I think the bank stocks look cheap, as I highlighted with a few in a recent post. But there are issues with lending right now — and I am not even including the wave of defaults & impairments people expect or forbearance.
In the article in the WSJ titled, The Day Coronavirus Nearly Broke the Financial Markets, there is this scoop on what was going on in the market. Essentially, banks held interest rate hedges on it books and when rates went down, the hedges swung in the banks favor and out of companies favor who decided to hedge.
What is funny is that this was seemingly good thing for banks — they had a gain on their books — but actually restricted their ability to deploy capital:
So when Mr. Rao called senior executives for an explanation on why they wouldn’t trade, they had the same refrain: There was no room to buy bonds and other assets and still remain in compliance with tougher guidelines imposed by regulators after the previous financial crisis. In other words, capital rules intended to make the financial system safer were, at least in this instance, draining liquidity from the markets.
One senior bank executive leveled with him: “We can’t bid on anything that adds to the balance sheet right now.
Matt Levine summed up the intricacies well in his recap on this. This scenario plus consumers depositing a bunch of cash at the bank (due to fear in the market) resulted in an increase in the bank balance sheet, but also required additional regulatory restrictions with the balance sheet growth.
The Fed stepped in and said that, temporarily, they would ease these restrictions through March 2021:
Liquidity conditions in Treasury markets have deteriorated rapidly, and financial institutions are receiving significant inflows of customer deposits along with increased reserve levels. The regulatory restrictions that accompany this balance sheet growth may constrain the firms’ ability to continue to serve as financial intermediaries and to provide credit to households and businesses. The change to the supplementary leverage ratio will mitigate the effects of those restrictions and better enable firms to support the economy.
This is good and as I showed in my last post on banks, the amount of capital banks hold now is insane compared to what they had going into the Great Financial Crisis. The Fed agrees:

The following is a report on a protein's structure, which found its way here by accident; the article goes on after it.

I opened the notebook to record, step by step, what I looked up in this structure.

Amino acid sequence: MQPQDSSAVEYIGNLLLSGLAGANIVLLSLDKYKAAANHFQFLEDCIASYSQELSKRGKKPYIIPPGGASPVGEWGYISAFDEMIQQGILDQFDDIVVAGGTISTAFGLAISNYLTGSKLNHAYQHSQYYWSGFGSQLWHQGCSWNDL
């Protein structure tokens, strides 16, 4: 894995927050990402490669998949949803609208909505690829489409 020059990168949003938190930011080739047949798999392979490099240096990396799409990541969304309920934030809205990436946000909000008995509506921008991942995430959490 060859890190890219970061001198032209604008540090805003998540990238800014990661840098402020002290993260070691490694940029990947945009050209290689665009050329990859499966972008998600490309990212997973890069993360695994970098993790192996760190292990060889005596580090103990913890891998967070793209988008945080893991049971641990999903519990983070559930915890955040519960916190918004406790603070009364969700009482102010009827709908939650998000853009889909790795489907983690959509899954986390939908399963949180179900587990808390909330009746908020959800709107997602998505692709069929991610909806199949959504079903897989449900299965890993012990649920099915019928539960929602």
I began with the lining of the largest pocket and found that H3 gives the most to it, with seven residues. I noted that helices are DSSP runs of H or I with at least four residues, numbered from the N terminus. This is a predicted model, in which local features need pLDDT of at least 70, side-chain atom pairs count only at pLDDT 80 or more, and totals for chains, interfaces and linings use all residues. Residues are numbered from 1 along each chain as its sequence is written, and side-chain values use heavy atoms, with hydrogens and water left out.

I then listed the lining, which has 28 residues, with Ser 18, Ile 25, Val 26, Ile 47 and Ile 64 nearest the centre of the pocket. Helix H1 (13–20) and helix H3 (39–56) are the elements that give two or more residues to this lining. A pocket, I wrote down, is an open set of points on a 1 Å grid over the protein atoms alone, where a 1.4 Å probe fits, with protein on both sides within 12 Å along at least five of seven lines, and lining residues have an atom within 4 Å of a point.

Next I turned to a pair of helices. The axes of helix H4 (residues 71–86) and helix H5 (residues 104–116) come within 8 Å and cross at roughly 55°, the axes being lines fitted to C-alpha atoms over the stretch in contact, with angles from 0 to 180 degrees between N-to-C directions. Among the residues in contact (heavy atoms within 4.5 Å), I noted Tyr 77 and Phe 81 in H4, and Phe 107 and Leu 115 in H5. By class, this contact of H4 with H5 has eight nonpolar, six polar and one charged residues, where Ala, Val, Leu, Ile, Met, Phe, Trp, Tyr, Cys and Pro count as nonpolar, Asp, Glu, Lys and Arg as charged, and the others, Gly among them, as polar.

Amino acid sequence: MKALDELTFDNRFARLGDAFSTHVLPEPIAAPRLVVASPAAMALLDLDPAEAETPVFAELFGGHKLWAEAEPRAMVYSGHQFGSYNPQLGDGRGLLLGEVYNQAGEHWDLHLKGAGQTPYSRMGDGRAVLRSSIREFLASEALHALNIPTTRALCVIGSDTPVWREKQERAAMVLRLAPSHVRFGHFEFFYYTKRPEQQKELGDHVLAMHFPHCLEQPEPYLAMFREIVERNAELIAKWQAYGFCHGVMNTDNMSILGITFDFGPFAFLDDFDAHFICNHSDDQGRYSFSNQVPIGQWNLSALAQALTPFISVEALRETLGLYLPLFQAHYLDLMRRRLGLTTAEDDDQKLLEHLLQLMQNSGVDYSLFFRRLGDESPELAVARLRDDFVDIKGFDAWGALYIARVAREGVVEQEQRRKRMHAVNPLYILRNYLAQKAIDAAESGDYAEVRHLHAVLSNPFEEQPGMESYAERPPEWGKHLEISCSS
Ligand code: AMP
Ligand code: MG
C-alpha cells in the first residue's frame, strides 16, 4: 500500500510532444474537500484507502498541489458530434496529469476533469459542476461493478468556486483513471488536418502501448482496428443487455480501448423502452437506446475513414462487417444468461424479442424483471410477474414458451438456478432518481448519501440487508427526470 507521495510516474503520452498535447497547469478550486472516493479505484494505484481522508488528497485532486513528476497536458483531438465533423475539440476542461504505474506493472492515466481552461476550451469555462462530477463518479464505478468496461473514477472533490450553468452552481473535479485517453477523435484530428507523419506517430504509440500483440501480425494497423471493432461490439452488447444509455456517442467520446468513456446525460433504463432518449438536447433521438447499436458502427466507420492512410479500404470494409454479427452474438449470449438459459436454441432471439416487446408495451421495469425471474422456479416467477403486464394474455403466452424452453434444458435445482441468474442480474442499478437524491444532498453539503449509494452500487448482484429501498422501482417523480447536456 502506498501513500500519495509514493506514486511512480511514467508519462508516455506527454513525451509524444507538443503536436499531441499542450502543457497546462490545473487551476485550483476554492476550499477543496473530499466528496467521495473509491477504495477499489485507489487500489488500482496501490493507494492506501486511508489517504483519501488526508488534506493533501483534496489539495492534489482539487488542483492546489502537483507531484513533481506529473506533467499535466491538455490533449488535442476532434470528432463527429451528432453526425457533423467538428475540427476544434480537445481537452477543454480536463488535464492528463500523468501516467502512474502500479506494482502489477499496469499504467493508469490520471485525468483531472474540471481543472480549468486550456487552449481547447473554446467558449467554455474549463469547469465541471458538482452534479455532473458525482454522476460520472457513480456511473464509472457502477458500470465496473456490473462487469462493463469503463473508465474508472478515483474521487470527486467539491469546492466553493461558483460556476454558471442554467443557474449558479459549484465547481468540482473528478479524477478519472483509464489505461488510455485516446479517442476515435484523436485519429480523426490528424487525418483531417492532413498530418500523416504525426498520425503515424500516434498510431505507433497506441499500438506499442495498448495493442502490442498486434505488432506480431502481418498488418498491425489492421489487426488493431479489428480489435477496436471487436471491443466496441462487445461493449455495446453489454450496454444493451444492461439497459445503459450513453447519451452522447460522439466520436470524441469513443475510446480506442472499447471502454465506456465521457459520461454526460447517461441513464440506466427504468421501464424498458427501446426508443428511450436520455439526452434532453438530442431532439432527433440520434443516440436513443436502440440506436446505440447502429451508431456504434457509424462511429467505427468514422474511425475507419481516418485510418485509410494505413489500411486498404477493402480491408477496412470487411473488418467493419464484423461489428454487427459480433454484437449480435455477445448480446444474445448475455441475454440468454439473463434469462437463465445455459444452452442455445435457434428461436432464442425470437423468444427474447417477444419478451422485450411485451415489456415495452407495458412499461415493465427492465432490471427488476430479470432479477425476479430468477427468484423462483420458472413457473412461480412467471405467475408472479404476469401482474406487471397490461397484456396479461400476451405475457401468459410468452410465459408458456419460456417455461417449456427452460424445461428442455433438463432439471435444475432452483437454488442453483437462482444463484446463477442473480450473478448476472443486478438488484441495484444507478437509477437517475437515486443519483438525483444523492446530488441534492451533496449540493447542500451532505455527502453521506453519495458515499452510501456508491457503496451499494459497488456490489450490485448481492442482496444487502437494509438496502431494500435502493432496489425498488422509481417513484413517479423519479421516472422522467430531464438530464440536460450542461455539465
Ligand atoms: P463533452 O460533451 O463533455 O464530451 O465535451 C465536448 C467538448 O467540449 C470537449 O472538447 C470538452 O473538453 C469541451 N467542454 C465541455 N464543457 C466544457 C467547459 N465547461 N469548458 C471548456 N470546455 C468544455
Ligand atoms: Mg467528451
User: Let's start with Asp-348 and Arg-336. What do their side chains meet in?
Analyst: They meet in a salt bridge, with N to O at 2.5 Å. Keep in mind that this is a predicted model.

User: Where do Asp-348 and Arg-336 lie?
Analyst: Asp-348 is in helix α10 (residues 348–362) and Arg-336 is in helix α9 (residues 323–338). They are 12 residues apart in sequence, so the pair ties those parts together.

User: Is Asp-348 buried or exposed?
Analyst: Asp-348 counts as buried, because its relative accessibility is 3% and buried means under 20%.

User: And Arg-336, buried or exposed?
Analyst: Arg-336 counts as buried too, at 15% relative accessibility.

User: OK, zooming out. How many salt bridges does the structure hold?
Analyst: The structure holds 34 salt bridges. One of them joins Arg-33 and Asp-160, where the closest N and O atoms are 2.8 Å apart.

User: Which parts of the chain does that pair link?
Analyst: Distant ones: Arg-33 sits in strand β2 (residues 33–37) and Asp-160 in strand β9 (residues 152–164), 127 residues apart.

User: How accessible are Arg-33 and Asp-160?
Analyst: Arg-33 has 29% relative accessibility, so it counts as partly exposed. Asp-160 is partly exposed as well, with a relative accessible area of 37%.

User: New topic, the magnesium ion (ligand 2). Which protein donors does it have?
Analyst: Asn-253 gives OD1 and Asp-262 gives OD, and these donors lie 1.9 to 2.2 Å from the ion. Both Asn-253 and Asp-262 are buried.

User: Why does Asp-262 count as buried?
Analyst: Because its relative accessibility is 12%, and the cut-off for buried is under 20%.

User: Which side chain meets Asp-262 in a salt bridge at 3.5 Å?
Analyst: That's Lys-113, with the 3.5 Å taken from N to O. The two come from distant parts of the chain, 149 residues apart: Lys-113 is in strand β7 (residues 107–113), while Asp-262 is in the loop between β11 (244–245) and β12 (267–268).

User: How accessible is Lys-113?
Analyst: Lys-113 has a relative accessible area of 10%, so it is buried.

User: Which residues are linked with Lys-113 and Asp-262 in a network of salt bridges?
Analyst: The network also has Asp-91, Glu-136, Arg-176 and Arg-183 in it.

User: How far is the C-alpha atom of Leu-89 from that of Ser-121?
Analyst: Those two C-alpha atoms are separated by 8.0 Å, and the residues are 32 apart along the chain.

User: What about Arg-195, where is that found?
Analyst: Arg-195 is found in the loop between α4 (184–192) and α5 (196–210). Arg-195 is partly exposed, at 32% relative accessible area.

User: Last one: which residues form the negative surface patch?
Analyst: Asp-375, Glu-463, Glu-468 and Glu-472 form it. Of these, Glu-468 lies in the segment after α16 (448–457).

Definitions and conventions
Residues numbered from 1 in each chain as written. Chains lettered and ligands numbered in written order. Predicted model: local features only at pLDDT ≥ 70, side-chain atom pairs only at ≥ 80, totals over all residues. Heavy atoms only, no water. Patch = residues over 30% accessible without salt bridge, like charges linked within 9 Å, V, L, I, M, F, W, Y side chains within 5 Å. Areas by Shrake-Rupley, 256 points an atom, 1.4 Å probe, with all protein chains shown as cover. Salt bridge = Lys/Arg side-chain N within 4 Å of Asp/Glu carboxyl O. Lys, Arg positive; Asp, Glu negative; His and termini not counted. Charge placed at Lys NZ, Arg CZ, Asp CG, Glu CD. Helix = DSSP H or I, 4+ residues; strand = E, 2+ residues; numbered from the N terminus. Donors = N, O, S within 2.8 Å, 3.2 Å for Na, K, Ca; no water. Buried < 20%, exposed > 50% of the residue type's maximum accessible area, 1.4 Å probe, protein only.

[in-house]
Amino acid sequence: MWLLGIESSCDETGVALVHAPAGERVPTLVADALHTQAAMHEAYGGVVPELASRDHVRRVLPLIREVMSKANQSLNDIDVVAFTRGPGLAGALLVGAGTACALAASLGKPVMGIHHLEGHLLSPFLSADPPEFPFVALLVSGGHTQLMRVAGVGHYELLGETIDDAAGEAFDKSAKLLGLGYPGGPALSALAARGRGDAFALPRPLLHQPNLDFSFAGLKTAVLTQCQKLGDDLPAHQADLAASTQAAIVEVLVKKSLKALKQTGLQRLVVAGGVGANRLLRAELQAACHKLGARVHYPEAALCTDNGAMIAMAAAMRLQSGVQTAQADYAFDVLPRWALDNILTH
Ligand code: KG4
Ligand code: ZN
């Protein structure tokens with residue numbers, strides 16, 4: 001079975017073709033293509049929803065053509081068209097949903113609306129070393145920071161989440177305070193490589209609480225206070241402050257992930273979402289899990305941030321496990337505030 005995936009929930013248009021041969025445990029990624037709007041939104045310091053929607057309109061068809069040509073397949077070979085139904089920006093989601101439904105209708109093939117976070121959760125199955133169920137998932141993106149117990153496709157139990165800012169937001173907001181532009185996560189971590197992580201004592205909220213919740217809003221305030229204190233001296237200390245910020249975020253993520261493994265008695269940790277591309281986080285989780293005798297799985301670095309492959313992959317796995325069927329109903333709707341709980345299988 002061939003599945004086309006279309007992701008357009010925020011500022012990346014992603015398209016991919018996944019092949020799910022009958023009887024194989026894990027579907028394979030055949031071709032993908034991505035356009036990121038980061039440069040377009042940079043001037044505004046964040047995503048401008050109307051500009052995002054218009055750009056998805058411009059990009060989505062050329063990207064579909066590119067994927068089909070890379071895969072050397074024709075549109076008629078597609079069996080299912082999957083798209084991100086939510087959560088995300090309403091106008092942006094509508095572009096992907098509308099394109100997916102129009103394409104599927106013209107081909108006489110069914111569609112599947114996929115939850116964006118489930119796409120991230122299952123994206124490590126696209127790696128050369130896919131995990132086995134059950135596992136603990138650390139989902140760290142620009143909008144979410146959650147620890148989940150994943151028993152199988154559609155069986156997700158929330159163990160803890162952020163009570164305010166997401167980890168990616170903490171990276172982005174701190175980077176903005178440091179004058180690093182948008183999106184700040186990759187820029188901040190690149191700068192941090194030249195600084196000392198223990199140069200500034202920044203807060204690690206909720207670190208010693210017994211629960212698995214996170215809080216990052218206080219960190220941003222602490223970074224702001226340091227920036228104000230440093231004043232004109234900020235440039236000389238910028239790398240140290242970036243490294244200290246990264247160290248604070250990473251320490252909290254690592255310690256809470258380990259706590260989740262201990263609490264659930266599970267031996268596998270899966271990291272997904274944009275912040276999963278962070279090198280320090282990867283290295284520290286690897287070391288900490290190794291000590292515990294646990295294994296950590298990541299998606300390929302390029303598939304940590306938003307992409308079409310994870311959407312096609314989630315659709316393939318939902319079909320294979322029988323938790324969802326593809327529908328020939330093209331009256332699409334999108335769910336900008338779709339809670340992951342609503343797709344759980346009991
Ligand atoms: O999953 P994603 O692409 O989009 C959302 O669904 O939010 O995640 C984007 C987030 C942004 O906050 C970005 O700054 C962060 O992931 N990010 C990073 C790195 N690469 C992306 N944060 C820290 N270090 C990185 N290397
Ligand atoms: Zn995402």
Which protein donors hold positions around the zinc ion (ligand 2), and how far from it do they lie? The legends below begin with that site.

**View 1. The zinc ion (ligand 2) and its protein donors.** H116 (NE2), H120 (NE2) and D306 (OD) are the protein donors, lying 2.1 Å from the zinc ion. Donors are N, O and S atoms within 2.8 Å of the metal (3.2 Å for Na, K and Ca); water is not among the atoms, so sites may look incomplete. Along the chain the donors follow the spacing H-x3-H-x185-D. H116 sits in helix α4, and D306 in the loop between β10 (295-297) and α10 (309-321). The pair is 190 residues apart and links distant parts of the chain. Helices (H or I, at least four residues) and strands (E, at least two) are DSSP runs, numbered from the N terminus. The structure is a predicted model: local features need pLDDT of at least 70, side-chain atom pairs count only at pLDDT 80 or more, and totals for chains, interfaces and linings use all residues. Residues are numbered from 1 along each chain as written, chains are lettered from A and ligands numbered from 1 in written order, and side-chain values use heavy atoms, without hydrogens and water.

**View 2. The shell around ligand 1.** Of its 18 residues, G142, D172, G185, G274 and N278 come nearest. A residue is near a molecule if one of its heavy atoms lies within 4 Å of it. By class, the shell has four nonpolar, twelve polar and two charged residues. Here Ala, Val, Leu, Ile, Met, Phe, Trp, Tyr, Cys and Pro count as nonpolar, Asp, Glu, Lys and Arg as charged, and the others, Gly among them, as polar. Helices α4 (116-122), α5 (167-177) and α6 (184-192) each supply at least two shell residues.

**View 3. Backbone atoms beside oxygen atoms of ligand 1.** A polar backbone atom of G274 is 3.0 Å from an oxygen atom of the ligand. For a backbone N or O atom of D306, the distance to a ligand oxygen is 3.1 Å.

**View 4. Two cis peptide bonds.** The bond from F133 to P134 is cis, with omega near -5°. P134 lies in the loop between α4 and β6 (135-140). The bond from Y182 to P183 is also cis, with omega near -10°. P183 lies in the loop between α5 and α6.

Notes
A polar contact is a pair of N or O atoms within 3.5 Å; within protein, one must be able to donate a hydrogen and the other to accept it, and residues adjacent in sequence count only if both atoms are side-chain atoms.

Financial institutions have more than doubled their capital and liquidity levels over the past decade and are encouraged to use that strength to support households and businesses. The Board is providing the temporary exclusion in the interim final rule to allow banking organizations to expand their balance sheets as appropriate to continue to serve as financial intermediaries, rather than to allow banking organizations to increase capital distributions, and will administer the interim final rule accordingly
Why did we tell banks after the GFC that they needed to increase their reserve requirements? So that they would be able to provide support in a crisis, not be a source of weakness. That is what is happening now.
I think we need to go a step further and actually lower the capital requirements for the foreseeable future. When you crimp credit, you crimp the economy. Lowering reserve requirements for some time would unleash significant amounts of capital into the system. So far the Fed has just said certain assets won’t count against the risk-weighted assets. With the rule expiring in 2021, it doesn’t really help banks feel super confident.
Here is the chart again of what banks capital levels look like – exiting 2019 with a median level of 12.8%.
Tier 1 Capital represents core equity capital to risk weighted assets and essentially represents the capital not committed to meeting the banks liabilities. The reason you have excess capital is to prepare for unforeseen events, which is why regulators require a minimum of 4%, but higher (6%) for large banks. Investors typically want to see 150% above the minimum. That foots to 6% and 9% respectively… And the big banks were near 13%. The excess capital allowed banks to invest, conduct share buybacks or dividends.
But its clear to me that banks learned their lesson from the last crisis – they did not want to buy the cause again so they carried significant amounts of capital.
I think the Fed / Govt should lower the reserve requirement to unleash more capital into the system from banks, not just central banks. They clearly have excess capital, they just need to be encouraged to deploy it. Imagine how much capital would be deployed if banks went from 12% or 10% to 6%? We then could say they have to get back to 9% in 5 years.